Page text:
A television investigative journalist says he has identified a potential third suspect in the infamous 42-year-old Crewe murders, and claims police won't re-investigate the case because of self interest.
Bryan Bruce says the information will be revealed in the screening of The Investigator on Tuesday night.
In what is one of New Zealand's most notorious unsolved killings, Jeanette and Harvey Crewe were shot dead at rural Pukekawa, south of Auckland, in June 1970.
Neighbour Arthur Allan Thomas was twice tried and convicted of the murders, but pardoned and freed in 1979 when it was revealed police had planted a cartridge case to frame him.
The suspicion then switched to Mrs Crewe's father Len Demler, who has since died, but Mr Bruce says his inquiries have led him to believe a third person was the killer.
He also says a police internal review of their investigation - launched in 2010 - is being used to deny him archive documents, which have been available to other journalists.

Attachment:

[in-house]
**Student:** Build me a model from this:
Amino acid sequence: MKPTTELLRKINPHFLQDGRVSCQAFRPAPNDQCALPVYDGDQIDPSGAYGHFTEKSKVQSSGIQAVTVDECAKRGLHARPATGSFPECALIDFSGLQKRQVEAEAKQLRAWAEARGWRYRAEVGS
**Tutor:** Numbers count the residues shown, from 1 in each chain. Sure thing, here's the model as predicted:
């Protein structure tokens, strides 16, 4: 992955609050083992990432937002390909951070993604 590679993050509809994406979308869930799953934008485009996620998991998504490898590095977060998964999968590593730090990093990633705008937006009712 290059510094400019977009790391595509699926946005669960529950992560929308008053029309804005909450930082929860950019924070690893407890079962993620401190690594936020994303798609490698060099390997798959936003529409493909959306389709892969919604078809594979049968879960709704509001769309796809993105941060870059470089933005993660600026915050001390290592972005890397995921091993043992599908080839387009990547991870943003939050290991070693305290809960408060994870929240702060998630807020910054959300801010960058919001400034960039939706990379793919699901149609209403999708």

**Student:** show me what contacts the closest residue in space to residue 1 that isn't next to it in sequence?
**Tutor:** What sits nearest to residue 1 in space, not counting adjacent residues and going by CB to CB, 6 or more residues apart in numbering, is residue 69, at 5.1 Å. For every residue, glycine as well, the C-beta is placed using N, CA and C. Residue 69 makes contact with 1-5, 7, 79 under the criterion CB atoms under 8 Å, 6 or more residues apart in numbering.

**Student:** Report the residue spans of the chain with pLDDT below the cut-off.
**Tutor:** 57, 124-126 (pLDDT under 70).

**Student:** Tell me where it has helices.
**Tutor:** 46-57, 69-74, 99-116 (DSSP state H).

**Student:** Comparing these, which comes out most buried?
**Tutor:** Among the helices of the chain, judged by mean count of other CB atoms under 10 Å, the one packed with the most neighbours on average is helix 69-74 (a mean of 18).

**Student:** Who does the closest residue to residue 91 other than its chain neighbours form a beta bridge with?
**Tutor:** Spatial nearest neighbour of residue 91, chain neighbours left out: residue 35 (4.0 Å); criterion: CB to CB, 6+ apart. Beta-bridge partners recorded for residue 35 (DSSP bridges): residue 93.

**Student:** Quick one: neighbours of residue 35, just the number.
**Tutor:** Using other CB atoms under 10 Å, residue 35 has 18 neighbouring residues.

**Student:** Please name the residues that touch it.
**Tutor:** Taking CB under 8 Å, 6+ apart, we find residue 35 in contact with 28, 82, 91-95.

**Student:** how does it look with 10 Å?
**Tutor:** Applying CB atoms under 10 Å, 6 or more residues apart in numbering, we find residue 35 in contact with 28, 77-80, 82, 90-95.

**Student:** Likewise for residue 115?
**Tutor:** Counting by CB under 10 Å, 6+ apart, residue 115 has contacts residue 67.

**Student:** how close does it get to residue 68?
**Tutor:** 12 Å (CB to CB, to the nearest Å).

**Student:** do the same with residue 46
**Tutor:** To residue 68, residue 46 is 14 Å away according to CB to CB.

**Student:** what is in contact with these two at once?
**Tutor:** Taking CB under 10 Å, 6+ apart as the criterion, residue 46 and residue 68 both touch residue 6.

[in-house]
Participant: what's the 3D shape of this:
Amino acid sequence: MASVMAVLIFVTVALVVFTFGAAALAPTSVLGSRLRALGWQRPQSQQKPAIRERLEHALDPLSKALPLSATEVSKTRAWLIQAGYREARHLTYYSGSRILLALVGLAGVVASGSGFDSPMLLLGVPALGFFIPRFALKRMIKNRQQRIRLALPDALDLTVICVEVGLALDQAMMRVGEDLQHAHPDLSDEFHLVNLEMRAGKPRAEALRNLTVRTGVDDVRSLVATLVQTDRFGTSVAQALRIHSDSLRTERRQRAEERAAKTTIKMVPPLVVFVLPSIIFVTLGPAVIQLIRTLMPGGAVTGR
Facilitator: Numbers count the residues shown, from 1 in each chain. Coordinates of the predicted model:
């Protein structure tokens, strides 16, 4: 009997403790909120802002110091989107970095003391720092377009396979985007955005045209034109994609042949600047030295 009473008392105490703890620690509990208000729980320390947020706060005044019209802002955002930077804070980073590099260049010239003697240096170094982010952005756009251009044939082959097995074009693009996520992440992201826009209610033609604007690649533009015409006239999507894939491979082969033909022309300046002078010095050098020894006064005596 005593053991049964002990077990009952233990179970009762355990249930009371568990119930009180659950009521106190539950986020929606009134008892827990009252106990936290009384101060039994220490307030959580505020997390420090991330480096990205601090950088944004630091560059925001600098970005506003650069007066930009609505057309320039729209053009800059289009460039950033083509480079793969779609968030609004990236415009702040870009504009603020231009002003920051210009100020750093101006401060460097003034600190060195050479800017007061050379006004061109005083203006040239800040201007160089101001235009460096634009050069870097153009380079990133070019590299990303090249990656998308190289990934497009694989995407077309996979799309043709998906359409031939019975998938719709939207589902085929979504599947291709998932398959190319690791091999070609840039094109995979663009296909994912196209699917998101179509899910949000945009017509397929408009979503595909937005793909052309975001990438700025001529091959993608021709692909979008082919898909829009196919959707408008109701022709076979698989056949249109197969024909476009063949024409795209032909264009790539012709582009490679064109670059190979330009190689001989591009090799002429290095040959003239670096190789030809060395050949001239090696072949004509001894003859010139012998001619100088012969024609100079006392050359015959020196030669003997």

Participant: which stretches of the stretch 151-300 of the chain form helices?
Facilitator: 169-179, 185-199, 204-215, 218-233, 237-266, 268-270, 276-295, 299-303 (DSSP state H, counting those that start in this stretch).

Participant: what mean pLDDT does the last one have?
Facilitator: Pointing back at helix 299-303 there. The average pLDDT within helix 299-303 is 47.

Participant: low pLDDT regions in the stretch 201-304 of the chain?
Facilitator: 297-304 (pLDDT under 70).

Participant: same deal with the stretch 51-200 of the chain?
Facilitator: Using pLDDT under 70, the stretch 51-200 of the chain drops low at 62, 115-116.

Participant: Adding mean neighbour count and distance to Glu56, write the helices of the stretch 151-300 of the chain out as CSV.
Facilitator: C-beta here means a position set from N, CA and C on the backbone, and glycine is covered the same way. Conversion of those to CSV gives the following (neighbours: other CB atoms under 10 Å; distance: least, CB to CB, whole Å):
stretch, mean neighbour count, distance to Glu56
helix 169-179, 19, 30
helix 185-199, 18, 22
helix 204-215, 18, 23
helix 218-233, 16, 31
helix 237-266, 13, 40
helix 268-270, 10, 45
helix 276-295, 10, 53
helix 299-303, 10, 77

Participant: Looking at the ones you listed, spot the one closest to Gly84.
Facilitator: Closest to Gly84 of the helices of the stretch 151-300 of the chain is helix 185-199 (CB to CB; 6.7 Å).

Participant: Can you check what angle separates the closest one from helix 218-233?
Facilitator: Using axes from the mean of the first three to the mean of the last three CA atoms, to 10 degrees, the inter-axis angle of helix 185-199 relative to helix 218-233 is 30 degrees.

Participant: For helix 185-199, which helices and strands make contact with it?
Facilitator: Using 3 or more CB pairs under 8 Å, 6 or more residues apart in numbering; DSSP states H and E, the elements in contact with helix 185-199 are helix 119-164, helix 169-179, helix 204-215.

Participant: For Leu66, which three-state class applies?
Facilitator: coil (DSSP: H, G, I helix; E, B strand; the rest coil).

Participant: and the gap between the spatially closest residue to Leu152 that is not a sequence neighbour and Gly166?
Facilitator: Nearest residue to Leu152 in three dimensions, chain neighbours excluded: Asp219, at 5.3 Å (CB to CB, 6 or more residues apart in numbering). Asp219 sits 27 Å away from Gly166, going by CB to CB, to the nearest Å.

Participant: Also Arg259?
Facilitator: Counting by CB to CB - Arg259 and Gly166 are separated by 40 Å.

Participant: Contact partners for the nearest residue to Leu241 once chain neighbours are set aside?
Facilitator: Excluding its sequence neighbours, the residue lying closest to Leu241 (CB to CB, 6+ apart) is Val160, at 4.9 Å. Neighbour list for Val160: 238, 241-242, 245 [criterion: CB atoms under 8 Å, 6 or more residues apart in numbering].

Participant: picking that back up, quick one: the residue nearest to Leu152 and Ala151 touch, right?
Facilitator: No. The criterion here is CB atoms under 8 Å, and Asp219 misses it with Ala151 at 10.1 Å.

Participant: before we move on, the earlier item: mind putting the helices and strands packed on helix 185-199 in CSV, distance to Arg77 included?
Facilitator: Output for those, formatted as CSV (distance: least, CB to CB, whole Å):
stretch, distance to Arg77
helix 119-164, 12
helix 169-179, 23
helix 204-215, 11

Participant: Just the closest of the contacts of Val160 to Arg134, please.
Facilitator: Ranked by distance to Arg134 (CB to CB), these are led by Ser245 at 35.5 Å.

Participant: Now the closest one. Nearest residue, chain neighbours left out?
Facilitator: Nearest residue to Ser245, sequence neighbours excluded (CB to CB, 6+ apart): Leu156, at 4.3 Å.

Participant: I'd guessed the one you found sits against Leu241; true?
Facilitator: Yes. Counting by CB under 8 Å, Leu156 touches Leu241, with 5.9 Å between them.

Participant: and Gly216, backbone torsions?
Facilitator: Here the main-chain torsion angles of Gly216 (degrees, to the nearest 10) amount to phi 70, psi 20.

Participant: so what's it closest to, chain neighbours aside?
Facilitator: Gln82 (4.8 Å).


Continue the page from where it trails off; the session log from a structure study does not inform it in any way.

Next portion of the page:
"I've learned from experience that when the cops make it difficult for me then I'm onto something they really don't want the public to know," he said in publicity material.
He said that from documents he did get his hands on, he would reveal "the shameful fact that for 42 years a chain of police commissioners have put the self interest of the police ahead of their duty to properly re-investigate this case".
Meanwhile, the Crewes' daughter Rochelle Crewe has told the New Zealand Herald police had denied her full access to her parents' homicide file, and she might not receive a copy of the completed review.
"Why spend money on a review if only the police themselves get to see it?"Assistant Commissioner Allan Boreham said it was not appropriate to partially release any further information into the public domain.
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